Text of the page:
Great Barrier Reef bursts into life during annual coral spawning

MOORE REEF, GREAT BARRIER REEF, QUEENSLAND, AUSTRALIA (FILMED OVER TWO NIGHTS) – The Great Barrier Reef showcased its annual spawning last week, with underwater footage captured on November 8 and 9 showing the moment future generations of coral reef are created.

Coral spawning takes place when colonies and species of coral simultaneously release trillions of egg and sperm cells for external fertilisation. Mass spawning normally occurs only once a year, in the spring and after a full moon, turning vast swathes of the ocean red with a slick of the cells.

The Great Barrier Reef, a UNESCO World Heritage Site, stretches 2,300 km (1,430 miles) along Australia’s northeast coast and is the world’s largest living ecosystem. It consists of almost 3,000 individual reefs, including Moore Reef where Australian videographer Stuart Ireland recorded the spawning over two nights. The event typically lasts several nights and this year it is widely expected to be a split-spawn, with another event expected in early December.

Gareth Phillips, a marine biologist and owner of education centre Reef Teach in Cairns, said monitoring this year’s spawning was particularly important after recent coral extreme events destroyed at least 35 percent of the northern and central Great Barrier Reef last year.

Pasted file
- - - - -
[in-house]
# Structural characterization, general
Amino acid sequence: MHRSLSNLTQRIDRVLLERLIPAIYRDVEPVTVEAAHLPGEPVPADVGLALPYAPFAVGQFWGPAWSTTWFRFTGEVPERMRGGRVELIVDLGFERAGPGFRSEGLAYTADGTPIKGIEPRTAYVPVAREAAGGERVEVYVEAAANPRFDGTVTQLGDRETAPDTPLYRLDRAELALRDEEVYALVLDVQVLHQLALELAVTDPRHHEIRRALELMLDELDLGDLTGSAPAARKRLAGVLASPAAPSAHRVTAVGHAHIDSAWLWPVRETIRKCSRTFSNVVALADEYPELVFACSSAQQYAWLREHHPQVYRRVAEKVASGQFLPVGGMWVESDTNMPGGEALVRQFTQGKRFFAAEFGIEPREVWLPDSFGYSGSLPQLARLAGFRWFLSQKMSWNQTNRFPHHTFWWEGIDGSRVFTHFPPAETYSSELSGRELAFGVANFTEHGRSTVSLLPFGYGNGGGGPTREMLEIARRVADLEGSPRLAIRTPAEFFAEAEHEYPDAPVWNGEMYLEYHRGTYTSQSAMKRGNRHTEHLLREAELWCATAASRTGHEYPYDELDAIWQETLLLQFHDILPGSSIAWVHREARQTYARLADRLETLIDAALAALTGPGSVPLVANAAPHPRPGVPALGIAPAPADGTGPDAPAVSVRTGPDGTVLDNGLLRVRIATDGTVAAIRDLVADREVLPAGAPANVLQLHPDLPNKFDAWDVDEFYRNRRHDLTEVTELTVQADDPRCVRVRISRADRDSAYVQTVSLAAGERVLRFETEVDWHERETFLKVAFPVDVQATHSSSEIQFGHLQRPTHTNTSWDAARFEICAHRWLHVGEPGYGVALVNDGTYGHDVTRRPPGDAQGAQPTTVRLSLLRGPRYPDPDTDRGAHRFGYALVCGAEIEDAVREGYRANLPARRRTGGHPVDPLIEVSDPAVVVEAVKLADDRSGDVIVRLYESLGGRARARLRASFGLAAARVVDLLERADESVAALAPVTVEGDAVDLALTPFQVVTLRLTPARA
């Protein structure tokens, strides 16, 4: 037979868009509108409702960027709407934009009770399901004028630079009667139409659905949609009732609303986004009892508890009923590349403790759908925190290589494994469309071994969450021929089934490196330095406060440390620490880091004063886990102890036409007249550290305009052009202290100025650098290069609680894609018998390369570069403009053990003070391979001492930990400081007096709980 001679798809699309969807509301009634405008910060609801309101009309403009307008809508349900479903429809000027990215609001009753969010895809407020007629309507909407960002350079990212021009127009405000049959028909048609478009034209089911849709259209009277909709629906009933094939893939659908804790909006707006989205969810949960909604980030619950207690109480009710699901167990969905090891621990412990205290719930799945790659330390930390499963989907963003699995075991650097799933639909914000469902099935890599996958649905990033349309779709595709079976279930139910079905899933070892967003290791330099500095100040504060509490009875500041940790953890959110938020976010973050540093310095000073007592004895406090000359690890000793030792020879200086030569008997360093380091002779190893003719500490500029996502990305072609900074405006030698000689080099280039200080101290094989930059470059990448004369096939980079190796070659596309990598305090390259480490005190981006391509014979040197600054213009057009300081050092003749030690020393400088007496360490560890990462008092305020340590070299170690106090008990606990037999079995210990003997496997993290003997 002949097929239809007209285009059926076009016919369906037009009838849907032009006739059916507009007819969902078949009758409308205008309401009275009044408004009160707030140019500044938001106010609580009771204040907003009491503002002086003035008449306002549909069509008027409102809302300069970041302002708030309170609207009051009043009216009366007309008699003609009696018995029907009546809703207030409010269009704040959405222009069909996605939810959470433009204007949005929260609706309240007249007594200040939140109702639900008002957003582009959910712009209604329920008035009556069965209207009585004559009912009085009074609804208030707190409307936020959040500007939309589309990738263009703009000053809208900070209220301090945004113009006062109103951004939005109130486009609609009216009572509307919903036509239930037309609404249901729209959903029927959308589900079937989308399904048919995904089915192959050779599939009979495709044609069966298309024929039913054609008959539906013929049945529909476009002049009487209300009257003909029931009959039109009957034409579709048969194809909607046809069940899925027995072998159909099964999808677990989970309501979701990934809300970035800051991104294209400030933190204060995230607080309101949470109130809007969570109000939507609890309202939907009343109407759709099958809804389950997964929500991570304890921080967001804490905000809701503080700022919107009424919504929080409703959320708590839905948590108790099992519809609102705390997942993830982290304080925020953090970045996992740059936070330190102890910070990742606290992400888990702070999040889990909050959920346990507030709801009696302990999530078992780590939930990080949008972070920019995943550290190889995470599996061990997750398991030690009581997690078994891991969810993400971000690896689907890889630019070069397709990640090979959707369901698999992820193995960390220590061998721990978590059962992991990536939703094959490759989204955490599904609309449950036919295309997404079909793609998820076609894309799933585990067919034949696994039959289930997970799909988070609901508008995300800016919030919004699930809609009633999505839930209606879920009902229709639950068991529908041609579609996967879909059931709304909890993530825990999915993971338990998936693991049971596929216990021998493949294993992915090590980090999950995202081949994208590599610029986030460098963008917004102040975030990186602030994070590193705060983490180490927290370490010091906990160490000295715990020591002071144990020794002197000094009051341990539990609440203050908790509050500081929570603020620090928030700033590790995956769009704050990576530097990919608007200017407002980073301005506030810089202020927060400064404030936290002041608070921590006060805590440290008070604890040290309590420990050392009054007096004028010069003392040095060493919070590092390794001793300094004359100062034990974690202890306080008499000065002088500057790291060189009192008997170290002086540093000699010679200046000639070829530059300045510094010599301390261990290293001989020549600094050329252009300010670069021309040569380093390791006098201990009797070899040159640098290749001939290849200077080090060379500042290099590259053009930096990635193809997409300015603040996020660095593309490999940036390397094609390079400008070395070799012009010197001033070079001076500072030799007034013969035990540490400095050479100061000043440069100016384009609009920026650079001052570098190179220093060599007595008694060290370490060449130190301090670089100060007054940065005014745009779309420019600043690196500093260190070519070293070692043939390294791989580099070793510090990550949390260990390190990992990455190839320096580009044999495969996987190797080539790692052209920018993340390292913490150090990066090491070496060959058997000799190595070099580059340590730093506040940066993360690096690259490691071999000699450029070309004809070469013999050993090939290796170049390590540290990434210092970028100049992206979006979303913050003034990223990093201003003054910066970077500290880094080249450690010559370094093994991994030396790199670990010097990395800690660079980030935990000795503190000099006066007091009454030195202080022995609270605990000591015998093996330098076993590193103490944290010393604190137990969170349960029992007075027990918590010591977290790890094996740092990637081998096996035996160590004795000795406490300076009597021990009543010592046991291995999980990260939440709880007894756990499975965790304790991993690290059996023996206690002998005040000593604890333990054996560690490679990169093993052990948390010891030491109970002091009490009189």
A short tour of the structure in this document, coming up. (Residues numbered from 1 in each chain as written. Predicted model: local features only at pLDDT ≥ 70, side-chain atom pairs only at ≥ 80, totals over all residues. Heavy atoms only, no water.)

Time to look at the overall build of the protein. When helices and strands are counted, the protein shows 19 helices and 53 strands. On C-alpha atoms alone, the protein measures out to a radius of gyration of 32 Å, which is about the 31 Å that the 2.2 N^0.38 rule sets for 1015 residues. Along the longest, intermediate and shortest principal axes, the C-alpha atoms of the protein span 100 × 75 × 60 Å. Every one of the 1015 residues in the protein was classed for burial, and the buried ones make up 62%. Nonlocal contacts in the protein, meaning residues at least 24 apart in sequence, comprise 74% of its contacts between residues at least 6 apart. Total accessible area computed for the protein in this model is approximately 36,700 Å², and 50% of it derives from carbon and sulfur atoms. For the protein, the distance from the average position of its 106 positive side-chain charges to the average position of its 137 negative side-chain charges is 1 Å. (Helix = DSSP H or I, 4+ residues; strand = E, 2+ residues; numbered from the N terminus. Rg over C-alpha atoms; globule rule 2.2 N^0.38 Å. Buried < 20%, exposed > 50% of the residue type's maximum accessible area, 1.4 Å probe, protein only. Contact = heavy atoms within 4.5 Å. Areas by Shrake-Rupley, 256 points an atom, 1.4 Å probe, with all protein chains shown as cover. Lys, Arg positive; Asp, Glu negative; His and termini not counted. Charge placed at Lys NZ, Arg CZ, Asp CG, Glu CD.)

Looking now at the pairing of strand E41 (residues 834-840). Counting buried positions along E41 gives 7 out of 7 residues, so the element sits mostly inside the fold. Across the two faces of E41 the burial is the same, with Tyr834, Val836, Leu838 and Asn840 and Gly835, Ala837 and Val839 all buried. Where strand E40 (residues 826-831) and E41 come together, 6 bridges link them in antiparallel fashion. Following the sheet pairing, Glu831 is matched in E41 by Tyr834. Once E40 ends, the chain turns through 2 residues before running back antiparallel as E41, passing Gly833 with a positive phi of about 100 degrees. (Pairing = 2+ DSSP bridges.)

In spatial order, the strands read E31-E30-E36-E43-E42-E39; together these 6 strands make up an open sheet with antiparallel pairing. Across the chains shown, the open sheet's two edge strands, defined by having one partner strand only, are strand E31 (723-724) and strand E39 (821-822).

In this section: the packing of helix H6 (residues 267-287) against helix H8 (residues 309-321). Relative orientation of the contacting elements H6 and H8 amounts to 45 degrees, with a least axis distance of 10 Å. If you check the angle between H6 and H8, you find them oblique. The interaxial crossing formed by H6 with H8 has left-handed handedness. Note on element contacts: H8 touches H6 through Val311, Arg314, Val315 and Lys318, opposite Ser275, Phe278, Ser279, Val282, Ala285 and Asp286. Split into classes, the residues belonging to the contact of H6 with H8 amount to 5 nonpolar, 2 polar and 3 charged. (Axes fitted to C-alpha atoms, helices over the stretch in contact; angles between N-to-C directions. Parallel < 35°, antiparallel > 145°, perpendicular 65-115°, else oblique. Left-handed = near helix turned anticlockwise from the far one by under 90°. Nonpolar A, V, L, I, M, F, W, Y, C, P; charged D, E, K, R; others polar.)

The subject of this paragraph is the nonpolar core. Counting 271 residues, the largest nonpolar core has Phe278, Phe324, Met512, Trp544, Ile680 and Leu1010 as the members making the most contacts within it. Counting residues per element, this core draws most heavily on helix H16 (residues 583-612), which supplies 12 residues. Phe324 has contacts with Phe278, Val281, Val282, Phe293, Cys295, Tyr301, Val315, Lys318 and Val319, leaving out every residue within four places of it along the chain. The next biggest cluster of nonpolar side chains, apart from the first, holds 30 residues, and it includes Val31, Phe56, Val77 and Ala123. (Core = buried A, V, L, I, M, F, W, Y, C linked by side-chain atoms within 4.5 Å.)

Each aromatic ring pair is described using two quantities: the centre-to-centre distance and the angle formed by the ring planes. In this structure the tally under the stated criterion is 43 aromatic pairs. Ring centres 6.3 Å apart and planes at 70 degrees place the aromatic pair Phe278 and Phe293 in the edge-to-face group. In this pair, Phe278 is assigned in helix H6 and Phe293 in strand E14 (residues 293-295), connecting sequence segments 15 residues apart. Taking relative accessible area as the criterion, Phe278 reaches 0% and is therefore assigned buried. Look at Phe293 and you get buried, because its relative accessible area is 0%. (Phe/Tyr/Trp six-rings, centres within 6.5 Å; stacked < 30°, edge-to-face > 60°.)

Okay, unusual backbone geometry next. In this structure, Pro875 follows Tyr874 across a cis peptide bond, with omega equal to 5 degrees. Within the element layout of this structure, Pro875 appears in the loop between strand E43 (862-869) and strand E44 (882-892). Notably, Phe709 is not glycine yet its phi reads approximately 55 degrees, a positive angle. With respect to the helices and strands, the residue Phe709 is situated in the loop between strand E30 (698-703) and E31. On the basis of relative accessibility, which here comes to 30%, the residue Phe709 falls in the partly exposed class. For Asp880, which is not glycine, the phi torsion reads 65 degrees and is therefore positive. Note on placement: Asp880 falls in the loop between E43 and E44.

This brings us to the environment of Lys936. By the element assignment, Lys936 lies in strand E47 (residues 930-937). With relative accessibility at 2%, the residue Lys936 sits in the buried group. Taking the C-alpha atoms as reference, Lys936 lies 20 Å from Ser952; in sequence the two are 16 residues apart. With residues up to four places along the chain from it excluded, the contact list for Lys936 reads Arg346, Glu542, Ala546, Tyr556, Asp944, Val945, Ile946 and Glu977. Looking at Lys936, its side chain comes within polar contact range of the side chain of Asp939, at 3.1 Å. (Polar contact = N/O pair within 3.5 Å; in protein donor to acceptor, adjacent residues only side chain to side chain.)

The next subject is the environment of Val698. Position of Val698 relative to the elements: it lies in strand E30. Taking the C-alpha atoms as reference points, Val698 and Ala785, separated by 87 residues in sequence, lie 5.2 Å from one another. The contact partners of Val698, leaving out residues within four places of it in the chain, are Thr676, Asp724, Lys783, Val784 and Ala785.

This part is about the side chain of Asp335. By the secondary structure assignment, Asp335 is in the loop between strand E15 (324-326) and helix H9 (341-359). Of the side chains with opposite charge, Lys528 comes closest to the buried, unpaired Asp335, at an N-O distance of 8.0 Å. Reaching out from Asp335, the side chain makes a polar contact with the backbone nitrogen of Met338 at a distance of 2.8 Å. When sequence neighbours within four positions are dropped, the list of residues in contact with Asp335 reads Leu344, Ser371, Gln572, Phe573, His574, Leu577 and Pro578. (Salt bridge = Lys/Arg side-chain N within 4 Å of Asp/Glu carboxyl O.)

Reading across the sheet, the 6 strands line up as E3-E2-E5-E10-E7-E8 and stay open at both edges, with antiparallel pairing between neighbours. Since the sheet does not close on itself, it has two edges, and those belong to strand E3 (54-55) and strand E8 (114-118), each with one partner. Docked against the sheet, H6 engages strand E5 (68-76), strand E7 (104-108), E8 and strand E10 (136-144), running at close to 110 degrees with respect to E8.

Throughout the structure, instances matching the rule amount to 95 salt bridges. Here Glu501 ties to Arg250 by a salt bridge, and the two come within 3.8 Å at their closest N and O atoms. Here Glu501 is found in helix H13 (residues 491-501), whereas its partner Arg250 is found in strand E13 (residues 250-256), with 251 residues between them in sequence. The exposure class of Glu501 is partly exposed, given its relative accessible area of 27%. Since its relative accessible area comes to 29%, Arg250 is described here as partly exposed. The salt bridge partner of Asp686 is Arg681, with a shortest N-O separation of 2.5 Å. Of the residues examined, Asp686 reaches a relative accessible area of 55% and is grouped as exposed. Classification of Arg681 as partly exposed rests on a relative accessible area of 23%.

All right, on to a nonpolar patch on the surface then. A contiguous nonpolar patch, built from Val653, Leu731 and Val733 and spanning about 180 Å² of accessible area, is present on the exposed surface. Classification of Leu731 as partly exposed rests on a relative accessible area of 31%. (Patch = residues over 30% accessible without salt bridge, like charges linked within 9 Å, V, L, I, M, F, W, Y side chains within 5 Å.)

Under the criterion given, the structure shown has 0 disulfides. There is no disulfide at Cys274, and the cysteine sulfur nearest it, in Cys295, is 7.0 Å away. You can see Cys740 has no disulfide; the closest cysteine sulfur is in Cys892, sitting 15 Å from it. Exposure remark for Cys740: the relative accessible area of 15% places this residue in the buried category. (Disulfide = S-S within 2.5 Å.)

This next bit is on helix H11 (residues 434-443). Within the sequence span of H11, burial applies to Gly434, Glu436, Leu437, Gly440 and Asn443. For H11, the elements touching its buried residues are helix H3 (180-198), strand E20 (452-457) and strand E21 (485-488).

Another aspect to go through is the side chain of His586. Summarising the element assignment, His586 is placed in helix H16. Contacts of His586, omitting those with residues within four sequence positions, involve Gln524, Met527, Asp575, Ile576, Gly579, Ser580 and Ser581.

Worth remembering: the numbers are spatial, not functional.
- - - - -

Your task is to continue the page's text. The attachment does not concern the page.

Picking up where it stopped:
“Coral spawning increases distribution of the corals to different areas and increases genetic resilience. This initial spawn saw high numbers of gametes released which is very positive,” he said.

Warm seas around the reef killed some two-thirds of a 700 kilometer (496.4 miles) stretch of coral last year after warm water caused the coral to expel living algae, triggering it to calcify and turn white, a process known as bleaching. That was the worst die-off of coral ever recorded at the reef.

The reef, a popular tourist site worth billions of dollars annually to the Australian economy, is threatened by dredging, sedimentation and disease. Global issues such as ocean acidification and warming due to climate change also affect the reef’s health.

Heralded as one of the seven natural wonders of the world, the Great Barrier Reef is home to 400 types of coral, 240 species of birds and 1,500 species of fish. It is worth about $5 billion (3.8 billion USD) in tourism each year.